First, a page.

>>>>>> no-cache” in our example with “Cache-control: no-cache”.
>>>>>>
>>>>>>
>>>>>>
>>>>>> Do people agree with that conclusion?
>>>>>>
>>>>>>
>>>>>>
>>>>>>                                                             -- Mike
>>>>>>
>>>>>>
>>>>>>
>>>>>> *From:* John Bradley [mailto:ve7jtb at ve7jtb.com]
>>>>>> *Sent:* Thursday, February 19, 2015 7:19 PM
>>>>>> *To:* Mike Jones
>>>>>> *Cc:* Brian Campbell; <openid-specs-ab at lists.openid.net>
>>>>>> *Subject:* Re: [Openid-specs-ab] Form Post Response Mode example has
>>>>>> 'Pragma: no-cache'
>>>>>>
>>>>>>
>>>>>>
>>>>>> Yes and yes.
>>>>>>
>>>>>>
>>>>>>
>>>>>>  On Feb 19, 2015, at 5:08 PM, Mike Jones <Michael.Jones at microsoft.com>
>>>>>> wrote:
>>>>>>
>>>>>>
>>>>>>
>>>>>> First question to the working group:  Do we agree that "Pragma:
>>>>>> no-cache" should be changed to "Cache-Control: no-cache" in the Form
>>>>>> Post Response Mode spec before approval?
>>>>>>
>>>>>>
>>>>>>
>>>>>> Second question to the working group:  If we agree to make this
>>>>>> change (to text that only occurs in a non-normative example), are people
>>>>>> comfortable doing this without restarting the 60 day review period (but
>>>>>> still notifying people of the change)?
>>>>>>
>>>>>>
>>>>>>
>>>>>> My personal answers would be “yes” and “yes” but we shouldn’t do this
>>>>>> at this point unless there’s working group consensus to do so.
>>>>>>
>>>>>>
>>>>>>
>>>>>> Brian, could you also send a note to the OAuth working group pointing
>>>>>> this problem with RFC 6749 and RFC 6750 and asking whether errata should be
>>>>>> filed?  This would help get more expert eyes on the issue.
>>>>>>
>>>>>>
>>>>>>
>>>>>> Thanks for bringing this to our attention, Brian!
>>>>>>
>>>>>>
>>>>>>
>>>>>>                                                                 --
>>>>>> Mike
>>>>>>
>>>>>>
>>>>>>
>>>>>> *From:* Openid-specs-ab [
>>>>>> mailto:openid-specs-ab-bounces at lists.openid.net
>>>>>> <openid-specs-ab-bounces at lists.openid.net>] *On Behalf Of *Brian
>>>>>> Campbell
>>>>>> *Sent:* Thursday, February 19, 2015 2:17 PM
>>>>>> *To:* <openid-specs-ab at lists.openid.net>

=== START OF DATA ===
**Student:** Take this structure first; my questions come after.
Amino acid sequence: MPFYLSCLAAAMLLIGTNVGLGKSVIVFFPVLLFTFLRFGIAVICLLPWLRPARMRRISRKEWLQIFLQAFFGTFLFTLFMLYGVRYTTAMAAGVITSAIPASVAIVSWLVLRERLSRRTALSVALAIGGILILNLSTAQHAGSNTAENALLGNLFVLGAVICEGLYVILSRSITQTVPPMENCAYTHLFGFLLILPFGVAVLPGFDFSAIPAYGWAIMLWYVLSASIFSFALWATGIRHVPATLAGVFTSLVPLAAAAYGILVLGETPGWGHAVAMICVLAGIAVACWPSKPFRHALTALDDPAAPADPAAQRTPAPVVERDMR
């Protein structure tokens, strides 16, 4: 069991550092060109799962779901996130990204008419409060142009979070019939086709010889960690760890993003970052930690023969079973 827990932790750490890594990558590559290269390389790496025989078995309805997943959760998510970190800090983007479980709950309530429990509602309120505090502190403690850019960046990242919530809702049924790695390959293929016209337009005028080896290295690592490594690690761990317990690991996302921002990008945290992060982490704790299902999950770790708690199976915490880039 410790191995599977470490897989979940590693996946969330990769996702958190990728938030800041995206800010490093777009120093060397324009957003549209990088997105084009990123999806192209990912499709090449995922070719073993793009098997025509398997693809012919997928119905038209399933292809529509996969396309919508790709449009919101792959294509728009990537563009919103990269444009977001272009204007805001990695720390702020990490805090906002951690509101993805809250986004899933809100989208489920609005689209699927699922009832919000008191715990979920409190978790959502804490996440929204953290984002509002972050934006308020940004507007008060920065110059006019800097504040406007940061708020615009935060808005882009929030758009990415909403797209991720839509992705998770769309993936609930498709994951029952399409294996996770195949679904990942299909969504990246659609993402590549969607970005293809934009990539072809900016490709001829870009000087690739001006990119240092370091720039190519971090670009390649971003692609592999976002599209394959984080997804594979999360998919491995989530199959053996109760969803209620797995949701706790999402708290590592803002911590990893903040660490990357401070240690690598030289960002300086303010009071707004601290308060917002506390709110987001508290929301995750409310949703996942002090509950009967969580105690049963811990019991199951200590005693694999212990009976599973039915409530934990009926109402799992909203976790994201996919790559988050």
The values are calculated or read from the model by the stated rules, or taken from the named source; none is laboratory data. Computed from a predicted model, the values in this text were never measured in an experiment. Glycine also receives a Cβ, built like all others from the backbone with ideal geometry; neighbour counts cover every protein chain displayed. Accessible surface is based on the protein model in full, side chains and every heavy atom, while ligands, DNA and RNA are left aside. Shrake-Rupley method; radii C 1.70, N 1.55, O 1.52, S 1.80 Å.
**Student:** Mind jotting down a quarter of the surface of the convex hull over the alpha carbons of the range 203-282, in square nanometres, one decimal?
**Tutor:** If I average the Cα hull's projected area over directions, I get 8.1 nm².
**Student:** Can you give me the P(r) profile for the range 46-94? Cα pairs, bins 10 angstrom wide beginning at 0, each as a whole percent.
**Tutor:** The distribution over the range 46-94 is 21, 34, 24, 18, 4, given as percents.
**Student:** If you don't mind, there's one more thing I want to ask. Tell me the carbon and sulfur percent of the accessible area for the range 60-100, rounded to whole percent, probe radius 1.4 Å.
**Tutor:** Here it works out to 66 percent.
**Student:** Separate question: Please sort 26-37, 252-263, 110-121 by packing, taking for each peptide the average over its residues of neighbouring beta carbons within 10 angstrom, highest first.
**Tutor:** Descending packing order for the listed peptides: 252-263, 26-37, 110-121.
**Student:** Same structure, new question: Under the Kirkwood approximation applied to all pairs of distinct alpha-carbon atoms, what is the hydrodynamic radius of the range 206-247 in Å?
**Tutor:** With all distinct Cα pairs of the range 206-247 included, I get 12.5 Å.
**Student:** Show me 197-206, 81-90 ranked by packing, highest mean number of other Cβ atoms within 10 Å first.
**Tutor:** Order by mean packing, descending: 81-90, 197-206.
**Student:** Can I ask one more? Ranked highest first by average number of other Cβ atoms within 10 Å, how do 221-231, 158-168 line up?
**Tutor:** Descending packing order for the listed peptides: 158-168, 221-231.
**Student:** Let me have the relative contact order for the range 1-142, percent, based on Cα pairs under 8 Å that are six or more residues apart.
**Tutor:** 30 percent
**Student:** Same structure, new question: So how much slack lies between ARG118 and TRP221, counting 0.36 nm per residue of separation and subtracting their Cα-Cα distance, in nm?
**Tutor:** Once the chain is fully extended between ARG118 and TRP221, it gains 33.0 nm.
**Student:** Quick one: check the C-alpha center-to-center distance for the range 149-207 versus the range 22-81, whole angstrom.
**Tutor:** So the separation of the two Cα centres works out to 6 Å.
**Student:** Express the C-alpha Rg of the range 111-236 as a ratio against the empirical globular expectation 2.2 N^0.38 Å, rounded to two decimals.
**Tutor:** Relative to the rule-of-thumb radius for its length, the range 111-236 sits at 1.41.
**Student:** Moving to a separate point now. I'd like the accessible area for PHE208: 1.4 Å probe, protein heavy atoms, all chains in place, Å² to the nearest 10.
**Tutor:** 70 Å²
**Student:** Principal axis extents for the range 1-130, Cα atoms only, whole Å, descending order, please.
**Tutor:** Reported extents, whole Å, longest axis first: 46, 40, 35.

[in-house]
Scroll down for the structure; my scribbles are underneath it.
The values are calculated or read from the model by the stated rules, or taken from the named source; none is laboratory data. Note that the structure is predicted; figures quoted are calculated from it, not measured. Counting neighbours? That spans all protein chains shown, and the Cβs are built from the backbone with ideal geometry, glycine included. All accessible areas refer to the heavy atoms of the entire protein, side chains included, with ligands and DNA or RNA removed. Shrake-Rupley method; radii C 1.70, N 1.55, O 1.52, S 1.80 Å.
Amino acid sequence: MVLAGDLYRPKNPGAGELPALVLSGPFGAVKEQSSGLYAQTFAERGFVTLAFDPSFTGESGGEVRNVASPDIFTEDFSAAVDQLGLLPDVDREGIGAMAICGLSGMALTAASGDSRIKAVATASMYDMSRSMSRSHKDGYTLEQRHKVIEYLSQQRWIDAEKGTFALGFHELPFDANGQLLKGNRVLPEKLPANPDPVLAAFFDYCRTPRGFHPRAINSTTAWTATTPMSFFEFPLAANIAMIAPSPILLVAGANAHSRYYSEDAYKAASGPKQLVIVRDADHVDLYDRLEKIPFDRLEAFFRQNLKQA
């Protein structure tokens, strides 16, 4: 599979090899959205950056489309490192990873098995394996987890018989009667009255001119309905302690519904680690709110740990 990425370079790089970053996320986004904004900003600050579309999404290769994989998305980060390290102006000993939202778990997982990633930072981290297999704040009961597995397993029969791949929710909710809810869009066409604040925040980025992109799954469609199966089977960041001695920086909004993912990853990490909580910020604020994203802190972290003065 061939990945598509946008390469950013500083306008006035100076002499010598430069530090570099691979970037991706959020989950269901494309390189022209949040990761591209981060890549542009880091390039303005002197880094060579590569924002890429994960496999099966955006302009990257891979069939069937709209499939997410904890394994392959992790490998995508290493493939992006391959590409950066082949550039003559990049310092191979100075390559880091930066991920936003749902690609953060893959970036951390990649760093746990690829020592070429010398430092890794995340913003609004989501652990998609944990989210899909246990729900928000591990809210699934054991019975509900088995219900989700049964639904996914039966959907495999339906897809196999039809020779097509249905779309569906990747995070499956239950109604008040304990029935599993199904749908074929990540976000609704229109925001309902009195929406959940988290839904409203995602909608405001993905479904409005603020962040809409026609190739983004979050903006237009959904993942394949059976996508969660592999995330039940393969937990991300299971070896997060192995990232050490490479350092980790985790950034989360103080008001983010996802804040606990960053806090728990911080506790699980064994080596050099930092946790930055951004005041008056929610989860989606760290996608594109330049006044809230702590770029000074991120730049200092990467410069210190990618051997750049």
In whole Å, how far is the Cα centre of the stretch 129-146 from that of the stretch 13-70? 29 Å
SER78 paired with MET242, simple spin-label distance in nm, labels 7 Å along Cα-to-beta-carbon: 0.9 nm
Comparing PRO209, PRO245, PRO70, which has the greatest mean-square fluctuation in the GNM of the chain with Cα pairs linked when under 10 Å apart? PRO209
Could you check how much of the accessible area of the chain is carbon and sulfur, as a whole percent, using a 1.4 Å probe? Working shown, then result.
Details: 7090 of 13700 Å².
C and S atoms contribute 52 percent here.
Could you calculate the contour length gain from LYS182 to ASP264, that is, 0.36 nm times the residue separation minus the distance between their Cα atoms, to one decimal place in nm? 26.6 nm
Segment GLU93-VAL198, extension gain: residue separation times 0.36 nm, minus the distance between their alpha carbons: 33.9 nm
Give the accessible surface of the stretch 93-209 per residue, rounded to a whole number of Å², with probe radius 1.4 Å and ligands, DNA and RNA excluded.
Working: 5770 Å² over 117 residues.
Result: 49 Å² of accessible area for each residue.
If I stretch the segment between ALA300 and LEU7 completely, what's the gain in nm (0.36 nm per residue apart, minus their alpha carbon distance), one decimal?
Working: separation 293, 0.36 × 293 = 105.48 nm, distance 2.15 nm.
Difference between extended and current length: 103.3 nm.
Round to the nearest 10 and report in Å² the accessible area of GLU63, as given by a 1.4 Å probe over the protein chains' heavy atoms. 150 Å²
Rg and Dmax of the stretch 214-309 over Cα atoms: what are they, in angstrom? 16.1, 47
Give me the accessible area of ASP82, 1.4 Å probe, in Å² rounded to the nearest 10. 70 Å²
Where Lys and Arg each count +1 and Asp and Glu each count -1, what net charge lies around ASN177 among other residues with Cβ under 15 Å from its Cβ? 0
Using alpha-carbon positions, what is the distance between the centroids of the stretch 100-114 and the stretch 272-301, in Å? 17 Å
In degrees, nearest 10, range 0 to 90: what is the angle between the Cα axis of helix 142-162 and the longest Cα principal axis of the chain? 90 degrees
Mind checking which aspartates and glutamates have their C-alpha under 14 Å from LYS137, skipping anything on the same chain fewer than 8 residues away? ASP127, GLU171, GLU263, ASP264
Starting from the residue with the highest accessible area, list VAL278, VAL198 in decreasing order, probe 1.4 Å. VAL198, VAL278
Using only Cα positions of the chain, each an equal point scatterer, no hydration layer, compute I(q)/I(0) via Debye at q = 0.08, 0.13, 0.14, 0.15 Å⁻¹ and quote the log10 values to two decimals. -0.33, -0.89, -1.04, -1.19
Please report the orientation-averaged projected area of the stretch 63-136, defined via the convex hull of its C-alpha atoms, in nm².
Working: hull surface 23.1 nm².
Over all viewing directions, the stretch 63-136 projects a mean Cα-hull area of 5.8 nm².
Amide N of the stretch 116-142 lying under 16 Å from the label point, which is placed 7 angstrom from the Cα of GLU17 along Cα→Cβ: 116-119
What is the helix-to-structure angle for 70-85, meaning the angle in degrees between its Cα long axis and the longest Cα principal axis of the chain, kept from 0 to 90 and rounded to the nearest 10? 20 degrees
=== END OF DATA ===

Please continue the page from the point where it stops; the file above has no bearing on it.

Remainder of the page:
>>>>>> *Subject:* [Openid-specs-ab] Form Post Response Mode example has
>>>>>> 'Pragma: no-cache'
>>>>>>
>>>>>>
>>>>>>
>>>>>> The example response in
>>>>>> http://openid.net/specs/oauth-v2-form-post-response-mode-1_0-03.html#FormPostResponseExample
>>>>>>  has a "Pragma: no-cache" response header.
>>>>>>
>>>>>> However both RFC 2616
>>>>>> <http://tools.ietf.org/html/rfc2616#section-14.32> and the shiny new RFC
>>>>>> 7234 <https://tools.ietf.org/html/rfc7234#section-5.4> make special
>>>>>> note along the lines of the following to say that it doesn't work as
>>>>>> response header:
>>>>>>
>>>>>>
>>>>>>
>>>>>>       'Note: Because the meaning of "Pragma: no-cache" in responses is
>>>>>>
>>>>>>       not specified, it does not provide a reliable replacement for
>>>>>>
>>>>>>       "Cache-Control: no-cache" in them.'
>>>>>>
>>>>>>
>>>>>> It doesn't really hurt anything having it in the Form Post Response
>>>>>> Mode document but I'm thinking it'd be better to not further perpetuate the
>>>>>> "Pragma: no-cache" response header myth in this specification* and that
>>>>>> that line should probably be removed from the example.
>>>>>>
>>>>>> Or am I wrong on this? And if so, what am I missing?
>>>>>>
>>>>>>
>>>>>>
>>>>>> * And, yeah, it's in Connect Core and OAuth 2.0 as well but I figured
>>>>>> starting with a draft that wasn't yet final was good.
>>>>>>
>>>>>> _______________________________________________
>>>>>> Openid-specs-ab mailing list
>>>>>> Openid-specs-ab at lists.openid.net
>>>>>> http://lists.openid.net/mailman/listinfo/openid-specs-ab
>>>>>>
>>>>>>
>>>>>>
>>>>>
>>>>>
>>>>
>>>
>>> _______________________________________________
>>> Openid-specs-ab mailing list
>>> Openid-specs-ab at lists.openid.net
>>> http://lists.openid.net/mailman/listinfo/openid-specs-ab
>>>
>>>
>>
>>
>> --
>> Nat Sakimura (=nat)
>> Chairman, OpenID Foundation
>> http://nat.sakimura.org/
>> @_nat_en
>>
>
>


-- 
Nat Sakimura (=nat)
Chairman, OpenID Foundation
http://nat.sakimura.org/
@_nat_en